Is This The End Of 1031 Like-Kind Exchanges Of Real Estate?
Obama's 2015 budget proposes a $1M cap on section 1031 like-kind exchanges of real estate.
Currently, when a capital asset is sold or exchanged, a capital gain or loss is generally recognized. Internal Revenue Code Section 1031 provides an exception to defer recognition of capital gains when business or investment property is exchanged for "like-kind" business or investment property. Many different types of property held for productive use in a trade or business, or for investment, may qualify for tax-deferred treatment under Section 1031. Section 1031, however, does not cover all types of business or investment property – gain from the sale of inventory, partnership interests, stocks, bonds, notes or securities cannot be deferred. Additionally, property used primarily for personal use, like a primary residence or a second home or vacation home, does not qualify for like-kind exchange treatment.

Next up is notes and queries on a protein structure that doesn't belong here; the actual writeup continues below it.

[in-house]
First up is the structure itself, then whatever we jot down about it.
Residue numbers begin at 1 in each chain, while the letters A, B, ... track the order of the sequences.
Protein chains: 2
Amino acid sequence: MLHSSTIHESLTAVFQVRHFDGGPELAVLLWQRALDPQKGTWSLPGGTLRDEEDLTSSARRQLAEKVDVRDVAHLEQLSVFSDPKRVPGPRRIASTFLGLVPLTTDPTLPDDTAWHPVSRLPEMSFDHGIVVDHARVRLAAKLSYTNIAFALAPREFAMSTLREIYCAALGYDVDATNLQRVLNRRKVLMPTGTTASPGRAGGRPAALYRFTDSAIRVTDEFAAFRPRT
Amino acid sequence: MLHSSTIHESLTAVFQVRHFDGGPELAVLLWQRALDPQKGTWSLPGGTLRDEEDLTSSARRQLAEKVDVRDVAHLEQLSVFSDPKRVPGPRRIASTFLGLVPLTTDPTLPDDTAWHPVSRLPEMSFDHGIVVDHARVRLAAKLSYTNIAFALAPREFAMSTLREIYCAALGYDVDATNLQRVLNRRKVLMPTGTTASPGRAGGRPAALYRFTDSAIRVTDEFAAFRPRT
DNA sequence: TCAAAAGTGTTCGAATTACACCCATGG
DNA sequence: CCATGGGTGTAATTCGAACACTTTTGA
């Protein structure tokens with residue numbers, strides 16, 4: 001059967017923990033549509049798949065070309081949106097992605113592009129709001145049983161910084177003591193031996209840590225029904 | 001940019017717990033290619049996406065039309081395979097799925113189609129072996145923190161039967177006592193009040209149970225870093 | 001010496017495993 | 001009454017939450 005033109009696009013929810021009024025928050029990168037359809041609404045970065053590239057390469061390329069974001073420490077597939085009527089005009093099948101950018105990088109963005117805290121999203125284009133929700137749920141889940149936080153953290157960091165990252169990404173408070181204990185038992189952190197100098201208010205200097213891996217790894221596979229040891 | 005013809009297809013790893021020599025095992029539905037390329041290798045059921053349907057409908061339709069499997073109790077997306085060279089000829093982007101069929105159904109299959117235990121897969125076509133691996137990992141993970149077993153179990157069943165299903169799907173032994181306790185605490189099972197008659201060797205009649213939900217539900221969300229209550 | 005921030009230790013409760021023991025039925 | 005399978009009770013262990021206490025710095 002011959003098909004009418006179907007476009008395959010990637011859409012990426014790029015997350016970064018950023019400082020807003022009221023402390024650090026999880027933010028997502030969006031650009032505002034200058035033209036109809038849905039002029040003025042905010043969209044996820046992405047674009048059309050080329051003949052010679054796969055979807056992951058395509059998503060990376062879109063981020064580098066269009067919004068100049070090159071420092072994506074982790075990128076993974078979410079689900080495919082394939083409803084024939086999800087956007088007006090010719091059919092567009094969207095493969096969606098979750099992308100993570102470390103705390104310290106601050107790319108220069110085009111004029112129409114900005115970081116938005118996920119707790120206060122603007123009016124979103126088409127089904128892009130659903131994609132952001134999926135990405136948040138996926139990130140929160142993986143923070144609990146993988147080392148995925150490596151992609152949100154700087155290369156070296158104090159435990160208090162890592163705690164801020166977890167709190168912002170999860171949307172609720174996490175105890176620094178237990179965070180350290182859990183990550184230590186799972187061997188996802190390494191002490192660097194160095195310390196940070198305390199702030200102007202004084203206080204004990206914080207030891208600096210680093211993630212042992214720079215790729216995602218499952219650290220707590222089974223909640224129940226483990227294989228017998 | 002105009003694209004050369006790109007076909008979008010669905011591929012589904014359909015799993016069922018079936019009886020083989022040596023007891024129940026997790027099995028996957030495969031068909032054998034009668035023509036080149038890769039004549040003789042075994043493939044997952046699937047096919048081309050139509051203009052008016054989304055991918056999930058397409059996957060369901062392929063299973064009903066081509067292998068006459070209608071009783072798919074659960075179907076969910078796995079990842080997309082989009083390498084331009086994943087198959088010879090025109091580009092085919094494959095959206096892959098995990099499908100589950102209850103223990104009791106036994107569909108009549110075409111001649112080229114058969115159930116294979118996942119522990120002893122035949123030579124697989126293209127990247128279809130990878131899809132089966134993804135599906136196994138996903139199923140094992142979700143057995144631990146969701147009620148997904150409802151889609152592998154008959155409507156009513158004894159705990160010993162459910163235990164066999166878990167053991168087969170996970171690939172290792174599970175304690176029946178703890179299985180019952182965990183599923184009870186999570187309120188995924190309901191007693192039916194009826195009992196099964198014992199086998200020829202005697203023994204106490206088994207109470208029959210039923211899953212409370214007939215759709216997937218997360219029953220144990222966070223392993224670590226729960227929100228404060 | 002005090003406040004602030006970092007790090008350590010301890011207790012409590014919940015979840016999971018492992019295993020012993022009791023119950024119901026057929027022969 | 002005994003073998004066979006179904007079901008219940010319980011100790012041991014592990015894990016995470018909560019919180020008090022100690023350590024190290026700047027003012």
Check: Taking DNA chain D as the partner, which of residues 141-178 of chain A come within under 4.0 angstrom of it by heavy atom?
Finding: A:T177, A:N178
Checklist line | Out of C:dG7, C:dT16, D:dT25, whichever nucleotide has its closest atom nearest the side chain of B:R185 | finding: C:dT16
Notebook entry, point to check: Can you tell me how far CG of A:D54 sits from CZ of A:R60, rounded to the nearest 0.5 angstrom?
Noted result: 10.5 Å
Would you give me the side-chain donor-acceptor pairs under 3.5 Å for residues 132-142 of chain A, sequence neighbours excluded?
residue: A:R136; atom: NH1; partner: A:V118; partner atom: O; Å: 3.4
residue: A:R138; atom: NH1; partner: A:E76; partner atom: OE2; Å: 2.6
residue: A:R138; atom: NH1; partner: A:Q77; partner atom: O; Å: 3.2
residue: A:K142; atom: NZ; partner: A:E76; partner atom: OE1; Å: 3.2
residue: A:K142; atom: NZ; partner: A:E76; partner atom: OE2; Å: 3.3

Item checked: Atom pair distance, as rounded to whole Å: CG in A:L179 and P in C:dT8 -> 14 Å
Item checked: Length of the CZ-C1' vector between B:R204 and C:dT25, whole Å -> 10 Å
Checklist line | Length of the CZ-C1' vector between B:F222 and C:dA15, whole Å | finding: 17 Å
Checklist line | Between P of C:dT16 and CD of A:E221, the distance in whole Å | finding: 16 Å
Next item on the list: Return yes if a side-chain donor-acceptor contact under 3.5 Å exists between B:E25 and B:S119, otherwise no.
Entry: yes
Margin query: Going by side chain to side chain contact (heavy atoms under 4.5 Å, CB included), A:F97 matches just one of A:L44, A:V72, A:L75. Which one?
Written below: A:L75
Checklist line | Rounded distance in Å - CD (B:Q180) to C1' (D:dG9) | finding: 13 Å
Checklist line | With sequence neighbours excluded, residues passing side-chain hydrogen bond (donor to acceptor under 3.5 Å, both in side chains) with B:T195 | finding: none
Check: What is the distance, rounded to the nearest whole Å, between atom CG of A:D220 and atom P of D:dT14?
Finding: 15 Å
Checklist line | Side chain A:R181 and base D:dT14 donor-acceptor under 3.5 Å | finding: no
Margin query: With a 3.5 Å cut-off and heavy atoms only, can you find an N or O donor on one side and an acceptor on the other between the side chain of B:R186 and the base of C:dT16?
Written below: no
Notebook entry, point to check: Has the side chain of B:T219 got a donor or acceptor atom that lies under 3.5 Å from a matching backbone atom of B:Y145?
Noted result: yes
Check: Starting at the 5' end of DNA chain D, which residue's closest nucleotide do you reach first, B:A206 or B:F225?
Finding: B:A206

Obama's 2015 budget proposes to limit the amount of capital gain deferred under section 1031 to $1,000,000 per taxpayer per taxable year for the exchange of real property. The provision could be effective for like-kind exchanges completed after December 31, 2014.
Like-kind exchanges are reported on form 8824. In 2010, approximately 241,587 8824 forms were filed with the IRS, which were broken down as follows: 158,299 individuals, 64,401 corporations, and 18,887 partnerships.
The proposed provision is expected to generate $18.3 billion of additional tax revenue over a ten year period. Obama's proposal references outdated tax policy that no longer justifies the deferral of capital gain as well as the fact the rule "encourages 'permanent deferral' by allowing taxpayers to continue the cycle of tax deferred exchanges.